I remember meeting a journalist in Orissa in 2006 for a story on the high turtle mortalities and being told that Greenpeace would be better off protecting the rights of human beings rather than turtles. After all, when it comes to choosing between turtles and the traditional fishermen who are banned by law from fishing in near-shore waters during the turtle season, why must Greenpeace always choose the turtles?

A few months later, at a marine conservation symposium organised by Greenpeace India, attended by a large number of traditional fishermen from coastal states across the country, I was told that Greenpeace seems to be reinventing the wheel (by proposing marine reserves and other conservation measures). It was said that fishermen already know about the benefits of such methods. In fact, they have traditionally practiced closing off some areas to fishing to allow fish stocks to recover. They already know that a healthy marine environment is actually good for their livelihoods.  

Marine fishermen at Talucha, OrissaNow consider how this renders the conflict between turtle and fishermen absolutely pointless (and rightly so).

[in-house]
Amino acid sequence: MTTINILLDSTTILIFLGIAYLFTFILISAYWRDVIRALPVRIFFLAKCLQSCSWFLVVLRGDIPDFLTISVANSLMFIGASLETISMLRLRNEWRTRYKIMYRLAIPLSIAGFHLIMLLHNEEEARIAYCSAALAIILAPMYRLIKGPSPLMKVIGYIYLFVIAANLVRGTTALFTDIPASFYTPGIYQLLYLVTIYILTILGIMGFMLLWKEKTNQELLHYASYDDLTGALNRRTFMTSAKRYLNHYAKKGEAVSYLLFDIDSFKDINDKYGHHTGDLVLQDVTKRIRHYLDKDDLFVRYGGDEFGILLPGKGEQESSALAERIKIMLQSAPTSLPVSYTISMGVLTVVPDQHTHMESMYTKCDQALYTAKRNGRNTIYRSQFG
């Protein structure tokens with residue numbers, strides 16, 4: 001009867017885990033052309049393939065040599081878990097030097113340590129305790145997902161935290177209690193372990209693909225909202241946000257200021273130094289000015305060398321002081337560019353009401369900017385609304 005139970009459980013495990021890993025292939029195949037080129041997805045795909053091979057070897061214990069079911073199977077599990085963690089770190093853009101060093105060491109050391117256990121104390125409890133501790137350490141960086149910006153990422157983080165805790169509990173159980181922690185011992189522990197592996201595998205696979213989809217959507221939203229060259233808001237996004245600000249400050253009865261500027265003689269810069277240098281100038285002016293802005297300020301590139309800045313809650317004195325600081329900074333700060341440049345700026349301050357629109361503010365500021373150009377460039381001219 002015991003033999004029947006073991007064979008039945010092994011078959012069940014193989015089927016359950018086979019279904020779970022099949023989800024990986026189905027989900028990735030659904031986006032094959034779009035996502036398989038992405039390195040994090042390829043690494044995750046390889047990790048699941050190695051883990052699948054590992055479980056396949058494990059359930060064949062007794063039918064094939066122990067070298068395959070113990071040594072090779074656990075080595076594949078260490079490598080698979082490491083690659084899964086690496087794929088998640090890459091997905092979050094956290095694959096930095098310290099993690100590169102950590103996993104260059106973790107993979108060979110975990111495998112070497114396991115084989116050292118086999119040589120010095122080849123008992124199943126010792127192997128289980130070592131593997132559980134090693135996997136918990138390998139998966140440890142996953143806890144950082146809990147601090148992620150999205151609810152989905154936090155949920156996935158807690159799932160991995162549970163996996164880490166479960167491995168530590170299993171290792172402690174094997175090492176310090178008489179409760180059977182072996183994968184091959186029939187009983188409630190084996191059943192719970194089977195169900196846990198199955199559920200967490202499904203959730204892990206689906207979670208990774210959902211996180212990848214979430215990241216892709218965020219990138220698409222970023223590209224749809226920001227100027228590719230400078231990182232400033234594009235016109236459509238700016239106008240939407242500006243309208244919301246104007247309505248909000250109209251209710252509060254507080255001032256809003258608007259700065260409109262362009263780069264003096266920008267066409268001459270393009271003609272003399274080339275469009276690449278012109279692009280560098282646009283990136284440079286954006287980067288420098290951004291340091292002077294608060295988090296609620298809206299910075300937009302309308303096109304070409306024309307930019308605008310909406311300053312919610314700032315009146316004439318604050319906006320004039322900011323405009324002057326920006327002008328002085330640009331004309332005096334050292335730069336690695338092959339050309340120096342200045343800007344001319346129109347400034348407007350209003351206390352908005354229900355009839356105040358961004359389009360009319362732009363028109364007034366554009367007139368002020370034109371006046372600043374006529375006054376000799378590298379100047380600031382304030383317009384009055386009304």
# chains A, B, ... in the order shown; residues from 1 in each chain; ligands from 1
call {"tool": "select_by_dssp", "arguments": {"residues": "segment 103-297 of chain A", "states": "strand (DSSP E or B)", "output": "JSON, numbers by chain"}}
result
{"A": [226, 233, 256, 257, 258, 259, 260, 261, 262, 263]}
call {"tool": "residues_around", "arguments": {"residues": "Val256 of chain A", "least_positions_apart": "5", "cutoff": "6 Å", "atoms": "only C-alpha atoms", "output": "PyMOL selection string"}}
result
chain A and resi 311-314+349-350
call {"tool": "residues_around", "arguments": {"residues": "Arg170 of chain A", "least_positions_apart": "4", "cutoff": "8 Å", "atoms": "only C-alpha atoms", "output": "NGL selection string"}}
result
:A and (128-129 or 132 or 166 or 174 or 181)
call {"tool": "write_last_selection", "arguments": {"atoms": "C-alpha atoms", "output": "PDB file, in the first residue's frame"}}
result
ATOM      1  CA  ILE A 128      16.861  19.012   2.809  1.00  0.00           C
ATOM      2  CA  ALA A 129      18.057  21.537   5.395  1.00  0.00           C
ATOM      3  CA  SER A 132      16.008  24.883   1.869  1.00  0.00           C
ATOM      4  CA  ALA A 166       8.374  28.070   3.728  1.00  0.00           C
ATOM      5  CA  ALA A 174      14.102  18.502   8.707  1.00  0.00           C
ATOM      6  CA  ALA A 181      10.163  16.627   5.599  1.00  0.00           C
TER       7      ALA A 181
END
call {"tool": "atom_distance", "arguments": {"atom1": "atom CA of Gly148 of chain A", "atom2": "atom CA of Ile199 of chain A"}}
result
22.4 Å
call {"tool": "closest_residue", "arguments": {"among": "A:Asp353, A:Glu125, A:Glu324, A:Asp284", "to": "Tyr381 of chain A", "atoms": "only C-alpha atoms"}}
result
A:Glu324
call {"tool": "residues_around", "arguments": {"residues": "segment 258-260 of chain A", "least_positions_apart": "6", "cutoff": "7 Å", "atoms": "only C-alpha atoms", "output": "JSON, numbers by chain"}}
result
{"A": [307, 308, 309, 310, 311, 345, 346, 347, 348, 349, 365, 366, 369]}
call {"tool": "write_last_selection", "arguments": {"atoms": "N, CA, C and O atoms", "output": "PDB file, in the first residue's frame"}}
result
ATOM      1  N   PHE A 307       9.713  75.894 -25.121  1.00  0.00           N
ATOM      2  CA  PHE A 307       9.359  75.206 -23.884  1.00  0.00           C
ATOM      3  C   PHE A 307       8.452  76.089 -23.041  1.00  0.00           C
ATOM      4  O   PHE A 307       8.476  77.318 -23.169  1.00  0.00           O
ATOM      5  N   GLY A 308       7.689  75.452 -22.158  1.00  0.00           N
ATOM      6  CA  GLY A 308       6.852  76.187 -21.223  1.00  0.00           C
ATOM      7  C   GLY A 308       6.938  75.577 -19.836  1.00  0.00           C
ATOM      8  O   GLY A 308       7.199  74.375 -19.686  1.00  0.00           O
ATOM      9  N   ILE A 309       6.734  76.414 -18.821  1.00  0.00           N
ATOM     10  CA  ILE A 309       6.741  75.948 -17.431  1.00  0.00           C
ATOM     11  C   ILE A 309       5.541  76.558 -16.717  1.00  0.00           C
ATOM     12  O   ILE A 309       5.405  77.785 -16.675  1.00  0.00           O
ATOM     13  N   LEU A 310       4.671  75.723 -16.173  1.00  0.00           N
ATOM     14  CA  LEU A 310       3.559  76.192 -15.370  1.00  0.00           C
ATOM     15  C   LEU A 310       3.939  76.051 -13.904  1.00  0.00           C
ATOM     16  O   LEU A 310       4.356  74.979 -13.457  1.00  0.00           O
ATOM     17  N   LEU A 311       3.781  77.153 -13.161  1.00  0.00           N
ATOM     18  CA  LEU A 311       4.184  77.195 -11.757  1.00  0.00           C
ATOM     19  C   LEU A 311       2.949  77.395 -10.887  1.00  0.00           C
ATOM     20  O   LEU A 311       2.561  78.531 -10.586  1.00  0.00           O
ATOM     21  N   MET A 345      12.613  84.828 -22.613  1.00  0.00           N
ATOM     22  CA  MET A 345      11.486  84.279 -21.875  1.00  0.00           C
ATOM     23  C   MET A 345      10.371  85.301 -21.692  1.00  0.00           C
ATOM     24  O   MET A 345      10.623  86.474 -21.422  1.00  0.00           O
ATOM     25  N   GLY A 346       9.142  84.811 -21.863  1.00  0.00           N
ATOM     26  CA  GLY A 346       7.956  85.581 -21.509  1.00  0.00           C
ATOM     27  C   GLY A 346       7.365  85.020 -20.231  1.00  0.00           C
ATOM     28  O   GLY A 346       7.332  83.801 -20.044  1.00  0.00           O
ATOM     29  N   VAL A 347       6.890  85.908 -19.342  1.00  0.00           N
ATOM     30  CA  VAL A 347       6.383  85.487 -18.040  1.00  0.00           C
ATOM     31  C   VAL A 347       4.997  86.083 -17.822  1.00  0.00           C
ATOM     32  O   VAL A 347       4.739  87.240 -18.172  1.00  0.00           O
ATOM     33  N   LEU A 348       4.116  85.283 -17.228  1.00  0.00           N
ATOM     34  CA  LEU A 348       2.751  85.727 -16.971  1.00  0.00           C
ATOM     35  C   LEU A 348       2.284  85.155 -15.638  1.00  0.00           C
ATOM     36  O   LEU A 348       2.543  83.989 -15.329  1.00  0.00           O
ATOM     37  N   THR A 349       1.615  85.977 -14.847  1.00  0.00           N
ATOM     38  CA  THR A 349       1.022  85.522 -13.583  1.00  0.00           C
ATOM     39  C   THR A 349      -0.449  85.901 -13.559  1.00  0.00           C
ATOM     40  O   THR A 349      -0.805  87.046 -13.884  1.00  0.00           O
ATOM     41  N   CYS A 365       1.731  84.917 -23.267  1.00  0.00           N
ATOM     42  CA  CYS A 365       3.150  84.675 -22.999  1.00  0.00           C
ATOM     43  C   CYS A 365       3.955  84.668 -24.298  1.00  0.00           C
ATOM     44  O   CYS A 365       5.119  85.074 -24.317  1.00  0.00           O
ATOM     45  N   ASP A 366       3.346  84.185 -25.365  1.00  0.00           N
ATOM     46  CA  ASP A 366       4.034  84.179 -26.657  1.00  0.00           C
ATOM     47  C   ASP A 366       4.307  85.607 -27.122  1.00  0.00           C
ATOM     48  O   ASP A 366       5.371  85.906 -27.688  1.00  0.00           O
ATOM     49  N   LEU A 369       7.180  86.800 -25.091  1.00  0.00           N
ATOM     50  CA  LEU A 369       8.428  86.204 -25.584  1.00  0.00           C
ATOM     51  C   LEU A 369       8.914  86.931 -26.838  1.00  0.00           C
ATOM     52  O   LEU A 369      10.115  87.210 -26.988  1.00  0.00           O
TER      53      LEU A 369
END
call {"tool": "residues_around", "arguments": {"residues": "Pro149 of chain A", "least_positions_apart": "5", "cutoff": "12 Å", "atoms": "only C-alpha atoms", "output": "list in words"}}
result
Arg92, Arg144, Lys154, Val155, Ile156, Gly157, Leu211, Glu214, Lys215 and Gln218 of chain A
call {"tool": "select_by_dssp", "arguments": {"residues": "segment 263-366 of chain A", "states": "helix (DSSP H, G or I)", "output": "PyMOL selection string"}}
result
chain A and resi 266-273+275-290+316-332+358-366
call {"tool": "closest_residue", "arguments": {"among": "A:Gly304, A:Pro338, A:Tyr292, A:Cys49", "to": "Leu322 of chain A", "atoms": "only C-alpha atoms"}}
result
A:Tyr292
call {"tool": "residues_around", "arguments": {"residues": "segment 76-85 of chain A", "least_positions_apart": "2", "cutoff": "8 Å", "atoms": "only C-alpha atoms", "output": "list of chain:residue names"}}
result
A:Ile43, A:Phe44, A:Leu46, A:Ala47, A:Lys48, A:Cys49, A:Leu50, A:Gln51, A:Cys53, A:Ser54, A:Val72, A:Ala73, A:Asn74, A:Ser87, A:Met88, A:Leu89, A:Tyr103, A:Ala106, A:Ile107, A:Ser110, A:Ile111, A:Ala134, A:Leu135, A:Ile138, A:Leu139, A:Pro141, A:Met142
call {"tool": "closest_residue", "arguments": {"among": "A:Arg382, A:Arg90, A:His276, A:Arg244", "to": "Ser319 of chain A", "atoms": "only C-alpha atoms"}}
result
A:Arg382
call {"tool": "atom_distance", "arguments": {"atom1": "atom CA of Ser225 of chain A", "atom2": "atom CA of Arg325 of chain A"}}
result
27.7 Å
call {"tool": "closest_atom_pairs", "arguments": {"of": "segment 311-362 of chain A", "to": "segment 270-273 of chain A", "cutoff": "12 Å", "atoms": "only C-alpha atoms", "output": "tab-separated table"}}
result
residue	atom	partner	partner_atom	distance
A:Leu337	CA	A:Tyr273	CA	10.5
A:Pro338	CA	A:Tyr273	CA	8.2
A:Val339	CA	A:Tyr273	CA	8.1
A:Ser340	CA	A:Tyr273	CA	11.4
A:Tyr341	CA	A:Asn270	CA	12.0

I have been working with the traditional fishermen in Orissa since last year to break this myth. Thirty villages around the Gahirmatha marine sanctuary have been chosen by the state government for a pilot project under the Integrated Coastal Zone Management Program. The project will implement alternative livelihood and income generation options for traditional fishermen. Once operational, this program will provide the fishermen with livelihood options and would also assist in controlling the other issue of overcapacity – a case of too many boats, too few fish.

Greenpeace, together with local groups, has just completed a set of case studies and surveys in 15 fishing villages in the Kendrapra district to collect feedback from the fishing community on alternative income generation options that they think are sustainable and practical. In June, we aim to hold two public hearings in the region to present our survey findings and, together with the community, come up with a set of recommendations for the implementing agencies. This will help ensure that the program that is ultimately implemented is tailor-made to suit the needs of the community and has their support and buy in.

I hope to bring you more updates from the fishing villages in Orissa soon and for the record, when it comes to turtles and fishermen, Greenpeace will continue to choose both.


Image: © Greenpeace/ Ashish Fernandes